Frank Ciavattone, there is not much that can be said that has not already been said about Frank. After recently having his shoulder replaced, he continues to inspire and motivate all of us.

Lifter Age Class Weight Class Gender
Frank Ciavattone 60+ 125 kg M
Lift Pounds KGs
(LH) Dumbell Cheat Curl 33 15
(RH) Dumbell Cheat Curl 33 15

Peter Vuno, always shows up with a smile on his face and says something to make everyone feel better. A great guy who does some impressive lifts.

Lifter Age Class Weight Class Gender
Peter Vuno 60+ 90 kg M
Lift Pounds KGs
(RH) Bench Press 76 34.5

After the event Frank awarded some very nice New England Cup trophies to everyone. Then Frank and Colleen hosted a BBQ in their backyard. I had the honor of manning the grill. It was a great event and we look forward to our next one.

Let’s Review: The Kennedy Lift

by Thom Van Vleck

Al Myers doing a Kennedy Lift.

Al Myers doing a Kennedy Lift.

With the Old Time Strongman Championships coming up September 9th at ET’s House of Iron and Stone I thought it might be a good time to review the lifts.  Eric Todd picked 4 lifts from the OTSM list.  Today let’s revisit one of those, the Kennedy Lift. First of all Al Myers did a great article on it’s history.  Here’s a link to it: Kennedy Lift

So the rules are as follows:

H9. Kennedy Lift

This is a partial lift using a straddle stance on the bar, where the bar height must not be over 18” from the platform (measured to the bottom of the bar). The plates or bar may be supported on stands, rack supports, or blocks to obtain this height. The lifter must have the bar between the legs, as defined by the rules of the Jefferson Lift. Lifting straps or any other gripping aid is not allowed. It is NOT an infraction to drag the bar up the legs, bounce the bar up the legs, or support the bar on the legs during the lift (hitching). A one minute time limit is allowed for the lifter to make a legal lift, during which time a lifter may make multiple tries. Once the lifter is totally upright and the bar motionless, an official will give the command to end the lift.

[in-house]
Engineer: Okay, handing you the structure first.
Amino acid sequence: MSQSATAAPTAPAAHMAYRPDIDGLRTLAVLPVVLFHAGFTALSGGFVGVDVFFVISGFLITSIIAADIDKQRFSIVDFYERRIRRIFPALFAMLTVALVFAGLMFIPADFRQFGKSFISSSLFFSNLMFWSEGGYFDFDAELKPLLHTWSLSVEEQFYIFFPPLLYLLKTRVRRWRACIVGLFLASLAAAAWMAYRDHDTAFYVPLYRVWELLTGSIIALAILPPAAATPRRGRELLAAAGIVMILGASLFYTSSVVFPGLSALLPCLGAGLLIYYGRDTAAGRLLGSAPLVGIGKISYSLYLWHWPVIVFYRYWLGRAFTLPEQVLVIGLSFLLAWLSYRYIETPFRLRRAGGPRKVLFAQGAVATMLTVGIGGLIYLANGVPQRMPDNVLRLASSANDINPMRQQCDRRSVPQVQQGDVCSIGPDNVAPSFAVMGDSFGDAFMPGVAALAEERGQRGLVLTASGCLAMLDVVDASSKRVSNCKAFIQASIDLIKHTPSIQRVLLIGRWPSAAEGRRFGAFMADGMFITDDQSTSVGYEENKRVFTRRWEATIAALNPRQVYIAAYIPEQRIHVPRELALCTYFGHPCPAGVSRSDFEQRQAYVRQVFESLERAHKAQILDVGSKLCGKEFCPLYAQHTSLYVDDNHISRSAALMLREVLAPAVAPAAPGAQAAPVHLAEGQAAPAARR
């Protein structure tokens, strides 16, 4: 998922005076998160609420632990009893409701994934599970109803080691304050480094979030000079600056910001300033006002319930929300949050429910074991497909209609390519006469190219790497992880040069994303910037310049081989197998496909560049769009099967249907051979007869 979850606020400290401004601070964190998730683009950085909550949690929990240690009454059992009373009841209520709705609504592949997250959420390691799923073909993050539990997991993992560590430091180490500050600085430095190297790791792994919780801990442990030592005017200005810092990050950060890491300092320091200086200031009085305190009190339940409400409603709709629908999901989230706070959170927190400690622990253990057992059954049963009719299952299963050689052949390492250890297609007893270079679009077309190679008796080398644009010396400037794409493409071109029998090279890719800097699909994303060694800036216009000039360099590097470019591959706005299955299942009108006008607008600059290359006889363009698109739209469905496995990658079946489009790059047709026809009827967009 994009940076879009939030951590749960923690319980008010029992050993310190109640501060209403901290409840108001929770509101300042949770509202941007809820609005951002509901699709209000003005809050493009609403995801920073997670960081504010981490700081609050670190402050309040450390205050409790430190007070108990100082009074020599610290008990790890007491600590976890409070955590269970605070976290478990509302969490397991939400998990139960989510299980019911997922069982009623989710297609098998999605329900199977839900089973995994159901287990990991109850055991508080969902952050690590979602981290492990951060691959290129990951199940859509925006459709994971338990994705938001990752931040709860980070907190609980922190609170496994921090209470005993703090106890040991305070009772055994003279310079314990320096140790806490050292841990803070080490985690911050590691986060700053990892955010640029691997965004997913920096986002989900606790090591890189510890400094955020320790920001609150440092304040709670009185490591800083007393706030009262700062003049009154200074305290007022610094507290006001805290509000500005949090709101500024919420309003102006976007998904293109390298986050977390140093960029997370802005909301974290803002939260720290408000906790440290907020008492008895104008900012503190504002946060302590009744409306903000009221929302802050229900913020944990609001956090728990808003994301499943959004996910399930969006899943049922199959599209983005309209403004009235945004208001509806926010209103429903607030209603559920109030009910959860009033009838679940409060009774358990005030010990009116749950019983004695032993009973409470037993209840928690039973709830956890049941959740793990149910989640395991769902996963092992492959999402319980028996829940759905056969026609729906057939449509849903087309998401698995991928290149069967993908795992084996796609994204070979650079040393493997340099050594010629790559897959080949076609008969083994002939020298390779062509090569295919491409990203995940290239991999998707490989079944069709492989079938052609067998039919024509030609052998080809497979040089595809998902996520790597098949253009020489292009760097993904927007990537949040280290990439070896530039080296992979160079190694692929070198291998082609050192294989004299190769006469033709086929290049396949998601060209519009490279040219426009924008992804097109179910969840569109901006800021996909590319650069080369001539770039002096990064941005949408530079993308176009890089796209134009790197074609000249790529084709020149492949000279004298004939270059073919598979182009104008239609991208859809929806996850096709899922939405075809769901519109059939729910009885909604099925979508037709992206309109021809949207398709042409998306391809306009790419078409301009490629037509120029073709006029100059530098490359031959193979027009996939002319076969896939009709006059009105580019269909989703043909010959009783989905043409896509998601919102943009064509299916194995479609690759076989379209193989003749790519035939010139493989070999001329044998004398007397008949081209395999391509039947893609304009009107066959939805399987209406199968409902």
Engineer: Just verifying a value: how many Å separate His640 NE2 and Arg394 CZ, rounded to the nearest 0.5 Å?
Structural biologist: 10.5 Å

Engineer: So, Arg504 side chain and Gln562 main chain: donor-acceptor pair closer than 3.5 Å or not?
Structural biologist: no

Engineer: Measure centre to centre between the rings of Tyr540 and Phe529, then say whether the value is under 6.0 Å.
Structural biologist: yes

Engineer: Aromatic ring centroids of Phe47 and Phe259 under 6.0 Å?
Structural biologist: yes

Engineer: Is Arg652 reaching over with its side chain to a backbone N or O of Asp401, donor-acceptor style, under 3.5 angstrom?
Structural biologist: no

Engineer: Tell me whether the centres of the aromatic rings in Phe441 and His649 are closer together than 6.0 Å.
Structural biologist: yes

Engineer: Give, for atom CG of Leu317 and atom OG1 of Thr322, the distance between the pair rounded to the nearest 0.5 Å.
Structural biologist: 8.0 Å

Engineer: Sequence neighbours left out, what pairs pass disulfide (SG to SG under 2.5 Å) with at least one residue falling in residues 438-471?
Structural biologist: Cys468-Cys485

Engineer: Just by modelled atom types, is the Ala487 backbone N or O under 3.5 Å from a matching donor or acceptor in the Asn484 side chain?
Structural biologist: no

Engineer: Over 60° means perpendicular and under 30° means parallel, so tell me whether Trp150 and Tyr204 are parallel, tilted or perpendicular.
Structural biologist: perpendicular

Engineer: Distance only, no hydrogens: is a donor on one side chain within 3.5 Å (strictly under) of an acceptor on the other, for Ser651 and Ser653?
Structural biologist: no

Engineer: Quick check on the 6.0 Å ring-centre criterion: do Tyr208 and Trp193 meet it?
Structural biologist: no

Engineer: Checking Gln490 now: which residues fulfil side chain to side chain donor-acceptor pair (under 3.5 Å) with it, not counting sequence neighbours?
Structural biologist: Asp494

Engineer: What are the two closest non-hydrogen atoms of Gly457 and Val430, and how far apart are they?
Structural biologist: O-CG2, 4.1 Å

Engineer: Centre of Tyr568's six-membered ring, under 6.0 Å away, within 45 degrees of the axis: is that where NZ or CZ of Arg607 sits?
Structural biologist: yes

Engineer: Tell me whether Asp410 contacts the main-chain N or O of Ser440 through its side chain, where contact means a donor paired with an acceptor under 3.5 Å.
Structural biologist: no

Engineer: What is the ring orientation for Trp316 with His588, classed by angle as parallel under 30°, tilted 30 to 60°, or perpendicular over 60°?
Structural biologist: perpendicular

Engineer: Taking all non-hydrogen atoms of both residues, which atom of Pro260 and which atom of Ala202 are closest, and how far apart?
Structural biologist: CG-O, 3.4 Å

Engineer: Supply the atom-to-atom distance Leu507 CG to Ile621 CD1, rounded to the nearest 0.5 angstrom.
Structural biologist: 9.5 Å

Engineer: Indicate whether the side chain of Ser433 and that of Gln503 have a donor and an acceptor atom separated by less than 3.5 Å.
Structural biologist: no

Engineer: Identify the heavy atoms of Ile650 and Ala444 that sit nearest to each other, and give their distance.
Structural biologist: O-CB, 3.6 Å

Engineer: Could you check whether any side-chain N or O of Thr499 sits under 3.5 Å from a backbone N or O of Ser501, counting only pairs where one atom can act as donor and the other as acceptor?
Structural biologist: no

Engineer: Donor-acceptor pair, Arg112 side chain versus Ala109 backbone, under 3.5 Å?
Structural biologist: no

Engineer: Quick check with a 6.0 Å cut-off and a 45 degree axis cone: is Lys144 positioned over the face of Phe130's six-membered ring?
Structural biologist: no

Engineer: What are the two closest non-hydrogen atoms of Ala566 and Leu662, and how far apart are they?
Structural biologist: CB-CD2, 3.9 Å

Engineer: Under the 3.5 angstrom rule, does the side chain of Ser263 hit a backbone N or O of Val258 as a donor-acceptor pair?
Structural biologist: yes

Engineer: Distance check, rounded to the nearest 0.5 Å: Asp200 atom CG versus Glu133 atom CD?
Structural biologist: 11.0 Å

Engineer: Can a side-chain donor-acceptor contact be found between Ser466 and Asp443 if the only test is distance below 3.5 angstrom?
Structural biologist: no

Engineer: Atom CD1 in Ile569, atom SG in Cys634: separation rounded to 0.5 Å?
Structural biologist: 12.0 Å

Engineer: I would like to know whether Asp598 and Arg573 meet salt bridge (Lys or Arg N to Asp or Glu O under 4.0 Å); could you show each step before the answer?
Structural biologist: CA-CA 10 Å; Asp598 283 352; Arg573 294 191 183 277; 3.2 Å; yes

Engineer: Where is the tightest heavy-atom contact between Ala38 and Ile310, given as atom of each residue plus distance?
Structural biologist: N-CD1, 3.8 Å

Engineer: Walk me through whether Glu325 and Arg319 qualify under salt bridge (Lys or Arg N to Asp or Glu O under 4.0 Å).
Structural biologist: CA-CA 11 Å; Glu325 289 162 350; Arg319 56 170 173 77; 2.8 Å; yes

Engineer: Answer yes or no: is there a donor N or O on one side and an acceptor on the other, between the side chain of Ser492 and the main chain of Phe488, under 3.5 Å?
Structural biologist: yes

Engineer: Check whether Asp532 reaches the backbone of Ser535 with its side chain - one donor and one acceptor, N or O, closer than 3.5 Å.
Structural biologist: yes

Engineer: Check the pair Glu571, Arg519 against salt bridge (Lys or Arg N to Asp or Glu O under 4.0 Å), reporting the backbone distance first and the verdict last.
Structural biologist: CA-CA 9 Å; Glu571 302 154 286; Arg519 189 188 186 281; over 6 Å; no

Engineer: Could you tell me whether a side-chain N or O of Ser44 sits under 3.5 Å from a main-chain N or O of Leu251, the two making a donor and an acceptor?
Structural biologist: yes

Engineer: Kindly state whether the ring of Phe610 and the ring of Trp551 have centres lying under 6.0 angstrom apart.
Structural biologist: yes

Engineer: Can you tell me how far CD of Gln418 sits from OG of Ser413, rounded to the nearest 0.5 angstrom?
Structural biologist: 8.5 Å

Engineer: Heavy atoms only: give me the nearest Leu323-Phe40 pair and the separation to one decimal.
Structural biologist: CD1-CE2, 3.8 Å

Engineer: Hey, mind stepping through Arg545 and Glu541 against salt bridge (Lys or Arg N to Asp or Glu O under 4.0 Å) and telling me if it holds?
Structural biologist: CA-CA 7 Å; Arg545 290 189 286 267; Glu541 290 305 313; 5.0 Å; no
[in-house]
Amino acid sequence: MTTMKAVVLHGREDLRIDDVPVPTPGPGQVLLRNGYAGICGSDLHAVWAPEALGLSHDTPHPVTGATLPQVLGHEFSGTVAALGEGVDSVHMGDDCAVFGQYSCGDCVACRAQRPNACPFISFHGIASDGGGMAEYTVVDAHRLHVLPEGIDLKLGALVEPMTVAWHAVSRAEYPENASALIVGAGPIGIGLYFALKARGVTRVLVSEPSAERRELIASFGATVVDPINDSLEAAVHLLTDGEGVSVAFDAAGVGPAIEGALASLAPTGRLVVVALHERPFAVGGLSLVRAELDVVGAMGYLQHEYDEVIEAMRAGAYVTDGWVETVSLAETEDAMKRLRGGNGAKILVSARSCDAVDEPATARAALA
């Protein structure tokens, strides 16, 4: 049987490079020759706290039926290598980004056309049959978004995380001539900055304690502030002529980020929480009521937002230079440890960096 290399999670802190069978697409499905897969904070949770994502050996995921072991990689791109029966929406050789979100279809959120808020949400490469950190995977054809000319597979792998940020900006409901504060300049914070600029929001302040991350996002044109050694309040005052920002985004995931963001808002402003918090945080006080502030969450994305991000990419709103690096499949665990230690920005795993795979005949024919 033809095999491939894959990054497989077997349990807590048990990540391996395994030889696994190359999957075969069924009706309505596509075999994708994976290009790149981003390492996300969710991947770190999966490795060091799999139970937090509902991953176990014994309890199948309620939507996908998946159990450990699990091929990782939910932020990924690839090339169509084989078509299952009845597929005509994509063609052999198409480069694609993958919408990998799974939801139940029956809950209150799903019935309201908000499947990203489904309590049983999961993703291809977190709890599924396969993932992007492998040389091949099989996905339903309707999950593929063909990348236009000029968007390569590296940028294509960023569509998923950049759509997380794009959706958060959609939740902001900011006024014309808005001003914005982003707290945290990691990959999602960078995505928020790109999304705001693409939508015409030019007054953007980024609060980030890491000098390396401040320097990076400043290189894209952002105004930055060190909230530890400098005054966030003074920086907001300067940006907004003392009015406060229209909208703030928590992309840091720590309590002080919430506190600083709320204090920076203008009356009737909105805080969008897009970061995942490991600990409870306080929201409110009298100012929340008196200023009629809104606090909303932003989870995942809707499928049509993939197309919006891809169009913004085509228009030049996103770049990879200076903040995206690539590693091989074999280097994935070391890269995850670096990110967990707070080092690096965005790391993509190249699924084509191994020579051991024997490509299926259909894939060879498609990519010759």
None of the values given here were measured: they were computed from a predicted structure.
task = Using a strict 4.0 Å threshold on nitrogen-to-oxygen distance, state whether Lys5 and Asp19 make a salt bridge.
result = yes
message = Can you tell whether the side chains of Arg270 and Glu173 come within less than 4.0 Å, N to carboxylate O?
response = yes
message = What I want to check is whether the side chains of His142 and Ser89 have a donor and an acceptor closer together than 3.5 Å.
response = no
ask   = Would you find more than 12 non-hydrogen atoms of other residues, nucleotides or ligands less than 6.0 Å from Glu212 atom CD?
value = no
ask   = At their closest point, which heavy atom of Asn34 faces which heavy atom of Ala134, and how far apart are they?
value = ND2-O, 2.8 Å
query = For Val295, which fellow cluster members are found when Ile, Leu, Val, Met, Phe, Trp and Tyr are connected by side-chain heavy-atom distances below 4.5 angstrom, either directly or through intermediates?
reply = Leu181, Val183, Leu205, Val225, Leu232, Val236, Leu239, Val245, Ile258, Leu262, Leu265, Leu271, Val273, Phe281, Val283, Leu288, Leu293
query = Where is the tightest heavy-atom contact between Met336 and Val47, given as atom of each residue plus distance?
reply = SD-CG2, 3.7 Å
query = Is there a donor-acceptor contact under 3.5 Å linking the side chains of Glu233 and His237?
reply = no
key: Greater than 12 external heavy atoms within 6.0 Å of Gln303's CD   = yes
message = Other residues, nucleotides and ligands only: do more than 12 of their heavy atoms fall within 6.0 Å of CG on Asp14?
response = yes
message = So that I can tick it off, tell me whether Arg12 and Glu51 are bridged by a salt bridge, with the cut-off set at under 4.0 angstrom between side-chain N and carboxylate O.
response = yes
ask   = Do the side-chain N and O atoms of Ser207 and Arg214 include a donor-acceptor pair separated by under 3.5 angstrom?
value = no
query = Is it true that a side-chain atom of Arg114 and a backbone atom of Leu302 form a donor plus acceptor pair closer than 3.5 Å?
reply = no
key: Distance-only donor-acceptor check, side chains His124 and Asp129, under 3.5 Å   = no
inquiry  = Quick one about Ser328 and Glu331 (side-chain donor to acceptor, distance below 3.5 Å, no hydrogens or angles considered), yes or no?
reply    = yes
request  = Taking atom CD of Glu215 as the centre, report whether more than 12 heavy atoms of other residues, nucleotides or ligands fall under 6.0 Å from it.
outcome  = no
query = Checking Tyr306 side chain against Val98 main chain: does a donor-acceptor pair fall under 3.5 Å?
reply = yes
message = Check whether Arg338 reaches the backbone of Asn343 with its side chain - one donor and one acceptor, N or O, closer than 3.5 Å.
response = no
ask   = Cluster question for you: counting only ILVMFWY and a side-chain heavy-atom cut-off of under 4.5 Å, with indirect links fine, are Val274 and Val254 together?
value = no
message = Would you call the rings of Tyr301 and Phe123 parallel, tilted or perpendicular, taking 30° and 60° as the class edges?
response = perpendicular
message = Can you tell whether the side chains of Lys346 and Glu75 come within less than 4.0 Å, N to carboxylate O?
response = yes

Al sums this lift up nicely when he said, “I envision the technique to be very similar to how most lift the Dinnie Stones, using a straddle style.”  The lift is very much a “Continental” version of a partial Jefferson (or Straddle) deadlift.  In that it can be bounced, drug, up or “hitched”

If you want to see the current records here is a list:

AGE M/F CLASS RECORD LIFTER
14 M 80 500 Kressly, Logan
45 M 110 750 Myers, Al
45 M 125+ 500 Foster, Lance
50 M 125+ 365 Foster, Lance
55 M 70 405 Freides, Steve
60 M 80 325 Santangelo, Stephen
60 M 95 675 Traub, Larry
60 M 100 315 Garcia, Joe
60 M 129 525 Glasgow, Dave
65 M 80 405 McKean, John
70 M 90 225 Habecker, Denny
70 M 125 400 Ross, Dean
80 M 80 225 Durante, Richard
80 M 105 315 Clark, Bill
ALL M 70 405 Freides, Steve
ALL M 80 500 Kressly, Logan
ALL M 90 225 Habecker, Denny
ALL M 95 675 Traub, Larry
ALL M 100 315 Garcia, Joe
ALL M 105 315 Clark, Bill
ALL M 110 750 Myers, Al
ALL M 120 525 Glasgow, Dave
ALL M 125 400 Ross, Dean
ALL M 125+ 550 Kressly, Doug

As you can see this is a great opportunity to be added to the record list.  I hope to see you there!

HOF BIO – BILL CLARK

By Al Myers

(Webmasters Note: Over the next month I will be running a series of biography blogs covering all past USAWA Hall of Fame members.  These bios will be added to the history section, under Hall of Fame.)

HALL OF FAME BIOGRAPHY

Bill Clark – CLASS OF 1999

BillClarkHOF1

Bill Clark

William Merle Clark was born in Clinton, Missouri on August 18th, 1932.  He graduated from Clinton High School in 1949, and then spent three years in the U.S. Army (1951-1954), including a year in Korea.  Bill graduated from the University of Missouri School of Journalism in 1958, and worked briefly on the sports desk of the Lexington Kentucky Leader.  He returned to Columbia Missouri in 1958, where he has lived since.  Bill married Dolores Denny on August 11th, 1955 and they have five children and five grandchildren. He was a full-time major league baseball scout for 36 years (1968-2003).  He retired from baseball at the end of the 2003 season and has been a columnist for the Columbia Daily Tribune since March of 2004.  Bill has written for numerous baseball publications through the years and even worked as a sports reporter in the baseball off-season.  He has officiated over 20 sports from the junior high school level to the international level from 1949 until today.  He wrote the original Powerlifting and All-Round Weightlifting rule books and is currently writing a book about the fun of officiating more than 10,000 athletic contests.  As a member of the Amateur Athletic Union (AAU) weightlifting committee (1959-1990), he was responsible for the origin of the following: